The first week of Honours has felt like a first step into unheated water — the moment (week) that shocks even though it’s exactly what you should be expecting. Reading and pitching and hiIdon’tknowyournameyeting and hearing ideas from clearly talented people who are older and seem so much surer of themselves than you think you could ever be.
As you may know already if you’ve read my research question (previous post), 2013 is all about nonfiction for me. This is for a few reasons: 1. I think everything I’ve written in the last three or so years has been true and not-very-well labelled fiction; 2. I’ve never much liked the process of constructing a plot and characters to seem “realistic”; 3. I was fortunate enough to attend the 2012 NonFictioNow conference at RMIT, which raised many questions for me: What is a true story, if we can only ever write subjectively? Can the truth of a story be found in true events and characters, or in philosophical truths that are found between the lines?
My response to our first classes has been mixed — one particular class on alternative culture had me cowering like a first year undergrad with nothing meaningful to add to the discussion, while others (in particular the Nonfiction Lab) I walked away from feeling inspired and excited for the year ahead. As is obvious in the booklist below, I dove straight into the reading part of my research, which may not be as productive as it looks. In the past I’ve often used intensive reading as a way to prolong the time before I have to write. Lack of confidence in my own ideas is something I hope to overcome this year — more on that soon, I think. In the meantime, treading water I’ve never entered before.
Our Father Who Wasn’t There, David Carlin (Yes, I’m reading my tutor’s book — so what? I’ve found in the past few years that when someone’s critiquing my practice or my ideas, I find it easier to see where they’re coming from if I know what their ideas/practices are.)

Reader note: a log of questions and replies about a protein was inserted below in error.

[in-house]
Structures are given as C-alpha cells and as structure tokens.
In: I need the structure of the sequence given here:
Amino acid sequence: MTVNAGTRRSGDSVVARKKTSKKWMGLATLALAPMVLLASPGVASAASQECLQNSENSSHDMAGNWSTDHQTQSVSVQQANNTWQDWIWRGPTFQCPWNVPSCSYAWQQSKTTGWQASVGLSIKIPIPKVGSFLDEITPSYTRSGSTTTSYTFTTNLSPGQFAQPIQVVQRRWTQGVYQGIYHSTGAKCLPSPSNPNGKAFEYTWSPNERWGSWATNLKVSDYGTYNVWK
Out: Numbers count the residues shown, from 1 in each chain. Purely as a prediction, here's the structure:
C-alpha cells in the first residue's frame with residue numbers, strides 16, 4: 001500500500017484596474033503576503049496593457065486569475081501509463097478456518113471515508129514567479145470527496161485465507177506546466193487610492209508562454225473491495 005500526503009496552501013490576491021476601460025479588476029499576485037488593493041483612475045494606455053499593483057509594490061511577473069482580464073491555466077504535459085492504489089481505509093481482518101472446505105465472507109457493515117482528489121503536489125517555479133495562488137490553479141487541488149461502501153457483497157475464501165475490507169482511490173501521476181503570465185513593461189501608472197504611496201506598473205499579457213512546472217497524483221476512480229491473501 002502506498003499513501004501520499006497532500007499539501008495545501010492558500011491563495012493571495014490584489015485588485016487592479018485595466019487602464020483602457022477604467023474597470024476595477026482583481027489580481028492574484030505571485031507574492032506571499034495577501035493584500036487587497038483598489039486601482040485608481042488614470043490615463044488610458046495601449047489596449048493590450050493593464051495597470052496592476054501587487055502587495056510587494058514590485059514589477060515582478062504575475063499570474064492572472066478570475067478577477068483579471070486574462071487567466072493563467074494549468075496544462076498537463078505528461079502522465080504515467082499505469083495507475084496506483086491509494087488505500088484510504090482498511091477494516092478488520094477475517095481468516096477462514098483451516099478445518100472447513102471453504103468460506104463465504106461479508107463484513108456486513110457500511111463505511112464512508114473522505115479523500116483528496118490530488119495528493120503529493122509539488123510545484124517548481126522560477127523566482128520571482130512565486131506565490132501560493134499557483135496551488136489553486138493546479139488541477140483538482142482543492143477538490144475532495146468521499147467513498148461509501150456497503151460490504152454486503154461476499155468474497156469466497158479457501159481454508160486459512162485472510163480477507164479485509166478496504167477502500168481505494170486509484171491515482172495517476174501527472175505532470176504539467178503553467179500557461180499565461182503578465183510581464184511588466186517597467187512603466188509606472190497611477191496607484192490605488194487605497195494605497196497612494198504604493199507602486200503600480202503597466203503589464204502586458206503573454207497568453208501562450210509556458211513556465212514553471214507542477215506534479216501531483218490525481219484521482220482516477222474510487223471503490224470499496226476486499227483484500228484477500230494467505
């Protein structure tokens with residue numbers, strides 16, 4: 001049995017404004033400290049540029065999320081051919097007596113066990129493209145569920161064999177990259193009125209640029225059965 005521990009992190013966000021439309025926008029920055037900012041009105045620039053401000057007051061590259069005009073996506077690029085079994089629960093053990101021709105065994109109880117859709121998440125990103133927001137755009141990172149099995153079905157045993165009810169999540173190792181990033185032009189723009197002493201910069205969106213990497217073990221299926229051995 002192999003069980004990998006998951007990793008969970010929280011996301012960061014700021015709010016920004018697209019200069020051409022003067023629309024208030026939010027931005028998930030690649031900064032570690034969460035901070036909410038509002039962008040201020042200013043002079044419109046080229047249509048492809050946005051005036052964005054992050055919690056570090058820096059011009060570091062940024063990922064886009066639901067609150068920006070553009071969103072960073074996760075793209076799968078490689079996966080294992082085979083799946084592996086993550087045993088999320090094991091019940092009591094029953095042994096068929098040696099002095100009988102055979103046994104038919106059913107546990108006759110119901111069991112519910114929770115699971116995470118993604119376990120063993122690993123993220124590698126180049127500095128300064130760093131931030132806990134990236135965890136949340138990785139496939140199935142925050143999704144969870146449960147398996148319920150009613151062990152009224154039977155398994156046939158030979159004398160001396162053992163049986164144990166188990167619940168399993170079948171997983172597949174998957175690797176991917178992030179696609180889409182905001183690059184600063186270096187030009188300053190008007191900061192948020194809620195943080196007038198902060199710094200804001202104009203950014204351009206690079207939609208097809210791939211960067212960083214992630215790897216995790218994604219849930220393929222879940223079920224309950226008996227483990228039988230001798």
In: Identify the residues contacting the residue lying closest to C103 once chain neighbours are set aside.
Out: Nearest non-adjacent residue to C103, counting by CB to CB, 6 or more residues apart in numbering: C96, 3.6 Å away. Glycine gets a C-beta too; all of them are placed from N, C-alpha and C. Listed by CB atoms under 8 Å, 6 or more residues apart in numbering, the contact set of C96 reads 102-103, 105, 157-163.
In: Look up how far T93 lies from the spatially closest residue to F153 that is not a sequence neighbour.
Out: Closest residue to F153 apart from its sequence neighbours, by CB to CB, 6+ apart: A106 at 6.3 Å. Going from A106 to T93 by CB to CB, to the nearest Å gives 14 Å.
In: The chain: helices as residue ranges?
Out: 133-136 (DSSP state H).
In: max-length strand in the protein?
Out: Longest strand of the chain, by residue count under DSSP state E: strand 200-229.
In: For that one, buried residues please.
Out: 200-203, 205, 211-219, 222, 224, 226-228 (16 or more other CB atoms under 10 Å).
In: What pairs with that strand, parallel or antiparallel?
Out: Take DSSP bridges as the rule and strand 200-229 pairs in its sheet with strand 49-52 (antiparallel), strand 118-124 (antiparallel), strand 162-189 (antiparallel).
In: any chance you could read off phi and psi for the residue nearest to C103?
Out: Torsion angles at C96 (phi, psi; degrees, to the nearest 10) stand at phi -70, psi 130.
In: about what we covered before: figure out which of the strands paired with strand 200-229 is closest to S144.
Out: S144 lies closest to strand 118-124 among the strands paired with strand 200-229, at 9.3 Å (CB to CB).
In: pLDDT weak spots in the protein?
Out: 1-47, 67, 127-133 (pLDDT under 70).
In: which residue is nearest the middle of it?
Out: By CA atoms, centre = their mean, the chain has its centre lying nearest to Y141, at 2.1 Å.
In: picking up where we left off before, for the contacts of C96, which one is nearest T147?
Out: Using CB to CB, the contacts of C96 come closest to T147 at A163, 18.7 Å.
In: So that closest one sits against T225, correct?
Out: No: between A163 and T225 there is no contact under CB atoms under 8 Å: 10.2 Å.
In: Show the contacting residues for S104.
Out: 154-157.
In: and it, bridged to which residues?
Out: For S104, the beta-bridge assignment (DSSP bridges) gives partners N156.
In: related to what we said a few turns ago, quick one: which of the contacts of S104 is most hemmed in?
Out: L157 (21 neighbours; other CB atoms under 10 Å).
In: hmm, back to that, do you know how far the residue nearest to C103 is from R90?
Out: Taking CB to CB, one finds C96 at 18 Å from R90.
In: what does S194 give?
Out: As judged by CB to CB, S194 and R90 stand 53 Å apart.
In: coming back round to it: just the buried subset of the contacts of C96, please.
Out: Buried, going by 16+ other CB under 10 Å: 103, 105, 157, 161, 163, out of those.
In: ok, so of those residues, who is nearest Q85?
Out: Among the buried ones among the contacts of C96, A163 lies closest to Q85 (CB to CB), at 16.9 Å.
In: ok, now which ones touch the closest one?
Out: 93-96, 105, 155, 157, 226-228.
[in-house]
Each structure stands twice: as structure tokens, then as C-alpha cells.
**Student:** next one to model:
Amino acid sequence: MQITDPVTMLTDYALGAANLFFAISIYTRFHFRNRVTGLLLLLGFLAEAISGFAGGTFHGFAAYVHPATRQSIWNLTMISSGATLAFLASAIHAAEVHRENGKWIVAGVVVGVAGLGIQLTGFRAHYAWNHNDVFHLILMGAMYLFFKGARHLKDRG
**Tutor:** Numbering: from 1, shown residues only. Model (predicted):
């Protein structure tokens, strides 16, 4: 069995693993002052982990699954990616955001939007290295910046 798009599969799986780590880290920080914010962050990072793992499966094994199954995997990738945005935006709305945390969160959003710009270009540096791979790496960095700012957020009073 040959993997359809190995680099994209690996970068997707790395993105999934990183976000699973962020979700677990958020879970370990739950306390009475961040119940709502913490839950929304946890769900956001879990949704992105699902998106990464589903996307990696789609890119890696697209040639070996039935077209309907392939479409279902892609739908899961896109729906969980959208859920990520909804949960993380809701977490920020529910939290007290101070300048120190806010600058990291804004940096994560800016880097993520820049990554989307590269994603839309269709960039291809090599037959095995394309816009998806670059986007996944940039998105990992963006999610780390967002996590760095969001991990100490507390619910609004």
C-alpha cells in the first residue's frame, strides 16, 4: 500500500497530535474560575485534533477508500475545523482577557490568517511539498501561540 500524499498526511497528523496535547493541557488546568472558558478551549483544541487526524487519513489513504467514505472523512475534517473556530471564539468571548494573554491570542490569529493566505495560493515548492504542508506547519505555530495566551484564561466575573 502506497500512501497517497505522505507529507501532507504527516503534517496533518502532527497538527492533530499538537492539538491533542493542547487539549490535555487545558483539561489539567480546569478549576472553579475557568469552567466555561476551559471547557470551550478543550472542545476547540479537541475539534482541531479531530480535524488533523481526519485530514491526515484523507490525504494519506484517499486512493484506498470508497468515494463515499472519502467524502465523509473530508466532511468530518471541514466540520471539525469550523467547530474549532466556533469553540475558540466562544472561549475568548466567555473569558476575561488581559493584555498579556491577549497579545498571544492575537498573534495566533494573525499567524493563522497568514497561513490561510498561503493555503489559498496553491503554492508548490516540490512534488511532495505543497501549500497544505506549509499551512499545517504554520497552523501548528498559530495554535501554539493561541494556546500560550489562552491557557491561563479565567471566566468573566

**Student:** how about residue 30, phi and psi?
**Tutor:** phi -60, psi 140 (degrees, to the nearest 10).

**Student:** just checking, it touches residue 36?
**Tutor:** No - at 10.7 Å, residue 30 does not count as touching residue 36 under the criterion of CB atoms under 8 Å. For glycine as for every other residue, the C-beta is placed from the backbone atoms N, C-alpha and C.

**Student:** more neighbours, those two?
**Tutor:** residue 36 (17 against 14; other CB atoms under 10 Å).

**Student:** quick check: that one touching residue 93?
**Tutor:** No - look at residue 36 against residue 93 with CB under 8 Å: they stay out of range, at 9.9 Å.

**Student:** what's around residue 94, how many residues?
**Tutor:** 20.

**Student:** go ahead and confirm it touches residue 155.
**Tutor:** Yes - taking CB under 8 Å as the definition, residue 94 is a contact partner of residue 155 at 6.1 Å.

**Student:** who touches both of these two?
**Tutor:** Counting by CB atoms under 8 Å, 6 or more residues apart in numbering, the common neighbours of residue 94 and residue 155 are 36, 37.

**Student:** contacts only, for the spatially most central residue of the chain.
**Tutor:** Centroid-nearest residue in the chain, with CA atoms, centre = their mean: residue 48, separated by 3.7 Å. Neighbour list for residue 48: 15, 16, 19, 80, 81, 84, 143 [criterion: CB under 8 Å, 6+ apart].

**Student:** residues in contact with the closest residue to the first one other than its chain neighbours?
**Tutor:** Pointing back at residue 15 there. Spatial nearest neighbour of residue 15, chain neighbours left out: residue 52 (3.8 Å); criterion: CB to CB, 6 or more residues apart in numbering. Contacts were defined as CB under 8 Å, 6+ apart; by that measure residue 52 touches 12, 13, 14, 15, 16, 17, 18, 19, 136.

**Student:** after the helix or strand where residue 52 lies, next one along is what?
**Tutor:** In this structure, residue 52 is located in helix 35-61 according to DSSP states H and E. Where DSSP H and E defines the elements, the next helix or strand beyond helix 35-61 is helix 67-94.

Keep It Real: Everything You Need to Know About Researching and Writing Creative Nonfiction, Lee Gutkind (Gutkind is the founding editor of Creative Nonfiction and makes the claim in this book that he invented that term, so I’m keen to find out what his opinions are on my research areas.)
Taming the Beast, Emily Maguire (I sought out this book after proofreading the upcoming issue of Lip, which features an interview with the author. It was appalling, and not in a good way — please don’t read it, as it will probably scar you, and/or make you angry.)
The Little Friend, Donna Tartt (fiction, but as declared to The New York Times Book Review, ‘It grips you like a fairy tale, but denies you the consoling assurance that it’s all just make-believe.’ Tartt is better known for her novel The Secret History, and both novels – if this is even possible – play on the conventions of nonfiction writing to make the constructed (and quite horrid) events read as if they truly happened.)
Enduring Love, Ian McEwan (I think McEwan also often employs nonfiction conventions to make his characters and their lives read as if they truly exist. I’m not talking about fiction’s “suspense of belief” here.)
You. An Anthology of Essays Devoted to the Second Person, edited by Kim Dana Kupperman, Heather G. Simons and James M. Chesbro (I can’t wait for this anthology to appear in my letterbox! Having stubbornly written in second person for nearly a year of my creative writing degree before being critiqued to my senses, I was excited to learn that second person nonfic writing can indeed be successful.)
The Arvon Book of Literary Nonfiction, by Sally Cline and Midge Gillies (An impulse buy, mainly due to the promise of genre exploration made on the front cover.)
The First Stone, Helen Garner (One of Garner’s many controversial works, this book recounts a sexual harassment case that Garner researched rather than experienced. Being in the same position within my own nonfiction project, I hope to learn from where Garner apparently ‘went wrong‘.)
Memories, Dreams, Reflections, Carl Jung (Introducing myself to some general psychological theories about memory, to [possibly] help contextualise the literary works I’m looking at.)